6. ian Says:

    Hi Kirill, glad you decided to add to the information on this boat…

    Something that just occurred to me- this boat even in its fairly low tech and primitive state really stands in stark comparison to the standard inflatable lifeboats that pack in a canister seen on so many blue water cruising yachts, that are basically the reverse of a kids inflatable swimming pool with an inflatable/fabric dome tent on top, with some ballast bags to keep it upright -

    http://www.raftservice.com/marine/avon-offshore.php

    To be fair, many of those never get the maintenance they need to be at peak performance in a mayday situation, but even brand new the people I know who have actually spent time in them by necessity all say that while they are better than nothing, it may not be by much.

    The inflatable structures that make up the living quarters seem to get the most complaints, they just don’t stay in place or stay as rigid as they need to be to really provide shelter even just in high winds, let alone when swamped by waves…and because you are in a round or oblong tub that cannot get out of its own way, you *will* be swamped repeatedly. Also when they turtle you lose all ballast and righting moment from the soft bags, and the tent/cabin becomes one big ballast bag…some people have ridden out the remainder of storms like this after being capsized because it was more stable than the “right” orientation.

    Even a small ability to have directional control and momentum is often the only difference between survival and catastrophe in the kinds of huge seas that can be the reason for abandoning ship in the first place, and something like this boat that was optimized as a lifeboat for those kinds of conditions could really save lives…

    and not just from avoiding swamping and broaching in waves; the unique over the water bridge deck aspect of tris and cats makes them better suited to avoiding hypothermia than the typical liferaft where you only have a thin layer of bottom fabric between you and the water at all times.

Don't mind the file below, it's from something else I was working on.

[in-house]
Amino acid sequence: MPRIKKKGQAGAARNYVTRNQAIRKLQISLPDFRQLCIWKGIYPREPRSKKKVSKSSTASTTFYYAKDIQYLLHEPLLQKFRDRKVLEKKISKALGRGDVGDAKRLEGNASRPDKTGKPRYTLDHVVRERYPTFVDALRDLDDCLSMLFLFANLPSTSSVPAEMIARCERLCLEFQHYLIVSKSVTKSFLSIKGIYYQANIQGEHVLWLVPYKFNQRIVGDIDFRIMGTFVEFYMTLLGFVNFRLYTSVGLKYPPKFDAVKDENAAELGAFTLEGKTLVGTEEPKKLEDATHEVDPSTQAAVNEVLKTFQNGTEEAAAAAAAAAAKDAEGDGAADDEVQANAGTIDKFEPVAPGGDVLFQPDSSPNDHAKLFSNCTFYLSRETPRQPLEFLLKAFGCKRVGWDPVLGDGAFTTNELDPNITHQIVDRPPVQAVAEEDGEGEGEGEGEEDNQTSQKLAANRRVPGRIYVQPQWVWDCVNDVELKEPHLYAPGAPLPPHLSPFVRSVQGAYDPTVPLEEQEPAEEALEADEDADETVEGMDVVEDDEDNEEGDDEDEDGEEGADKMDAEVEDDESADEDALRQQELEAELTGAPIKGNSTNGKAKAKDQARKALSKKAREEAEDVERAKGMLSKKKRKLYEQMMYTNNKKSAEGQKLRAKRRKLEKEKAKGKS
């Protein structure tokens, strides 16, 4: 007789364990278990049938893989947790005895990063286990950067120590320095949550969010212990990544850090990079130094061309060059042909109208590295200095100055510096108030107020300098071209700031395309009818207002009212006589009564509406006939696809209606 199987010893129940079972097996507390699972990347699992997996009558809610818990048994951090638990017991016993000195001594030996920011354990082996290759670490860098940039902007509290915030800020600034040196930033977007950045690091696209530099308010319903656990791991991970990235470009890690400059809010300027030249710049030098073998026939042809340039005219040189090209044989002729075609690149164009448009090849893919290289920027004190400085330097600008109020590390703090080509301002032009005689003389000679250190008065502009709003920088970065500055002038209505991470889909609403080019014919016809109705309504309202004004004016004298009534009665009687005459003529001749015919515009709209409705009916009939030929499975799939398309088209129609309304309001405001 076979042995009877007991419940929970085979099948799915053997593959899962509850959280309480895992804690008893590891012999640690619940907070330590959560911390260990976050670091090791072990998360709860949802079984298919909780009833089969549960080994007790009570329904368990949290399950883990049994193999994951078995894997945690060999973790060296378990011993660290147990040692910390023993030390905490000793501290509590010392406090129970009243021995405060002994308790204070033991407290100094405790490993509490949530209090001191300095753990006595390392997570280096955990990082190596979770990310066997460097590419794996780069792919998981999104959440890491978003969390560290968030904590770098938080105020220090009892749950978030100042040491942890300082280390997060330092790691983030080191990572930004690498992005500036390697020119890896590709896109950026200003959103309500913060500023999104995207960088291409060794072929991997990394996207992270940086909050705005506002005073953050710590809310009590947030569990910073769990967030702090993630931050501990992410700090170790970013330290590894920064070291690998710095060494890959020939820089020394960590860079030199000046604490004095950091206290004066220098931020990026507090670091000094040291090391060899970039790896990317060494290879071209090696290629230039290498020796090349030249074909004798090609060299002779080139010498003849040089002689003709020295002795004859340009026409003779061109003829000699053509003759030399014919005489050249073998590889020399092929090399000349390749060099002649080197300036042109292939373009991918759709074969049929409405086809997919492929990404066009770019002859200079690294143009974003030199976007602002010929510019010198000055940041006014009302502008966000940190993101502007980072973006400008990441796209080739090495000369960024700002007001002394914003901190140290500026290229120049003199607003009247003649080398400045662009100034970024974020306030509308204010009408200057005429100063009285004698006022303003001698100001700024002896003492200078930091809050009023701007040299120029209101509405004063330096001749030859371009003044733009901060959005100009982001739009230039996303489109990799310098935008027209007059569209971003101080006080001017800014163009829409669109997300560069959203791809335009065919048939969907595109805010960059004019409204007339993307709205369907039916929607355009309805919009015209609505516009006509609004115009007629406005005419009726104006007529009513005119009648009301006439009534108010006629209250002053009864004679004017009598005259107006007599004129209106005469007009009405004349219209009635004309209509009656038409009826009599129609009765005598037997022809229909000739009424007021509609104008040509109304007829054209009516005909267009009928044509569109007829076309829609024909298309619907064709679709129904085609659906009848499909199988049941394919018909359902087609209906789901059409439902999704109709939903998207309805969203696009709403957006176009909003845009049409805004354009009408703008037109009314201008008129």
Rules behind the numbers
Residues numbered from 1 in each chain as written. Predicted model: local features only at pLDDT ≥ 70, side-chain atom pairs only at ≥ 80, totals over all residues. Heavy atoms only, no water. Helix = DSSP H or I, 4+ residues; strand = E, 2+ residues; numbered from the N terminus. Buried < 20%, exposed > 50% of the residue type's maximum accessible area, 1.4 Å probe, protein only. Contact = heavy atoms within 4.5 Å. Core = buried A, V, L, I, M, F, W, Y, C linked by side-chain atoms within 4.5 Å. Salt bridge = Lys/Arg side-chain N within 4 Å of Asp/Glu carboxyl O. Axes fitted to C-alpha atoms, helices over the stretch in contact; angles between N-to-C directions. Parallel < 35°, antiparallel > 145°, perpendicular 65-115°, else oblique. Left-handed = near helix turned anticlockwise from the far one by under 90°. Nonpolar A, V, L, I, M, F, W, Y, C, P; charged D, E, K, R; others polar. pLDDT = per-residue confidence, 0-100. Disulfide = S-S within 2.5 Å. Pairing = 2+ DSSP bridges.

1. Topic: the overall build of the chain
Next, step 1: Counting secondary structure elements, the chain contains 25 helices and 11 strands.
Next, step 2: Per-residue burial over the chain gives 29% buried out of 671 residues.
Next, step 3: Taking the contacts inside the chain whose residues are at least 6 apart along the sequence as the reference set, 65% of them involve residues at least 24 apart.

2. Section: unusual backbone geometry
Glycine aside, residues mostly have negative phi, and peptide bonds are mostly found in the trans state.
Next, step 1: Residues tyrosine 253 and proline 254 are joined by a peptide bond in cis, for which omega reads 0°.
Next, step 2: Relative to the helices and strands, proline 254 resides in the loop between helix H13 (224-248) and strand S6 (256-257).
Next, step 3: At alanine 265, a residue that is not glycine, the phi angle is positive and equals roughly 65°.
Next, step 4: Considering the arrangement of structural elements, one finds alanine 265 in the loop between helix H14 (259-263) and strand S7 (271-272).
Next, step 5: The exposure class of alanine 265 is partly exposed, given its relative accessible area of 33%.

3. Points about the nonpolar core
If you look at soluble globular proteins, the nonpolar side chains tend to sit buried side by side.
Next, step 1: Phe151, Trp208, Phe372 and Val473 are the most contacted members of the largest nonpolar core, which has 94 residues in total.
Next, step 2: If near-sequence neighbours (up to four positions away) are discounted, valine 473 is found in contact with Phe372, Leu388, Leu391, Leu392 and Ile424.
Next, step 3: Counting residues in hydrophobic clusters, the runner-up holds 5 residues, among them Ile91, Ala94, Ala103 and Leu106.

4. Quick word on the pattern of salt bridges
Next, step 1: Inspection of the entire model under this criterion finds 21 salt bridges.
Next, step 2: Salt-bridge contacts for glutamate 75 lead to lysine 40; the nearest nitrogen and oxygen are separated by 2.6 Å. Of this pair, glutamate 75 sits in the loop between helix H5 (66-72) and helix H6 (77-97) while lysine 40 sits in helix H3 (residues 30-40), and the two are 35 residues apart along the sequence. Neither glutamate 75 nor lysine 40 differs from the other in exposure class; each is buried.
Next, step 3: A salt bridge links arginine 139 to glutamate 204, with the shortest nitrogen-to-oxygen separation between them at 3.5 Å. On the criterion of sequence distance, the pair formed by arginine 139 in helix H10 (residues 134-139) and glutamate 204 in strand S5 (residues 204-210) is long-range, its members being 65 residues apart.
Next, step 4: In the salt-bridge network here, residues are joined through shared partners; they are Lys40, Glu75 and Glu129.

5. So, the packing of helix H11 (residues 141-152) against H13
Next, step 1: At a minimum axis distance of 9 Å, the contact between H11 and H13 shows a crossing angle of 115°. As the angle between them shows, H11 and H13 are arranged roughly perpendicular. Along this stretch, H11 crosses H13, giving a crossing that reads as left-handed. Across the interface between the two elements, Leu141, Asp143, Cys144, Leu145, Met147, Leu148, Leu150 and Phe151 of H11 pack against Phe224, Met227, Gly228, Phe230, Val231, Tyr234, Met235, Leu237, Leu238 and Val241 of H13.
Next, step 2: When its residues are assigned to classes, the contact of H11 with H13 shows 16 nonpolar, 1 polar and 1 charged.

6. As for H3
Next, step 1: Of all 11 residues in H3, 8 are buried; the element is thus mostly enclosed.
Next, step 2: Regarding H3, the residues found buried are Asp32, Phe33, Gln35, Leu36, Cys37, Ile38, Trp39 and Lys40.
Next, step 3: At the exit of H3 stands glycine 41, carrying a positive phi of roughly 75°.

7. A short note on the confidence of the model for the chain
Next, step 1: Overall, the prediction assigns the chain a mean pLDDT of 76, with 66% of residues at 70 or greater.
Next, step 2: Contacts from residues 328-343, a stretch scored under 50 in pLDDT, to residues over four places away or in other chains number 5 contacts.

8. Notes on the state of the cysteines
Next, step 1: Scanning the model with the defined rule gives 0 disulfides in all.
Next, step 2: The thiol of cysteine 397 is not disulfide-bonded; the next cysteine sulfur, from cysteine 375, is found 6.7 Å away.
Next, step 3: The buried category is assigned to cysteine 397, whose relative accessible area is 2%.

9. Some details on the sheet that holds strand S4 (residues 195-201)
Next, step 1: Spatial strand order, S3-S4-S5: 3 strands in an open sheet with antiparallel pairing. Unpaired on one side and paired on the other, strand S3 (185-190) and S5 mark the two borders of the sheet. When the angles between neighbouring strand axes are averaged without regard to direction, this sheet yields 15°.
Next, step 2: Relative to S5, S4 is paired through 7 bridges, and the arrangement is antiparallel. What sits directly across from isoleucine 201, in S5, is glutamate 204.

7. Kirill Says:

    Hi Ian,

    I’d guess that with modern materials it is possible to make a frameless inflatable multihull of sufficient size to be stable in high seas. A frameless (all-inflatable) construction should facilitate fast deployment, and it does not have to be very rigid to deploy a trysail.

    Speaking of smaller inflatable multihulls – easy beaching is quite an important advantage, which lets them cruise some very challenging cruising grounds.
    Check out this Cape Horn video of a Ducky 19 catamaran:
    https://www.youtube.com/watch?v=XXRgPRLZdGI
    Absolutely safe in 60+ knot winds :-)

  8. sooth Says:

    There’s a small sailing trimaran inflatable called trienergydiet that is or was circumnavigating, left Hout bay 2011, has a frame. http://www.energydiethd.com

  9. Small Tri Guy Says:

    Hi Sooth,
    Yes, thanks for reminding me about the “Energy Diet” trimaran. I posted about it a while ago here at the following link: http://smalltrimarans.com/blog/?p=5052

  10. Lenny L. Says:

    Wow, what an amazing boat. I wish there were plans available for inflatable boats! The materials are cheap and durable. I would purchase plans for sure!

    Does anyone know if there is a Russian website with plans or descriptions on how they make their inflatables? There was a topic on inflatable proas on proafile, but it has not progressed.

    I have an inflatable kayak and love the portability of it. There is a lot to be said about taking your boat wherever you want in a backpack!

  11. paul gourkaloff Says:

    http://gik.fordak.ru/ a Russian forum with descriptions of inflatable cats and tris built and sailed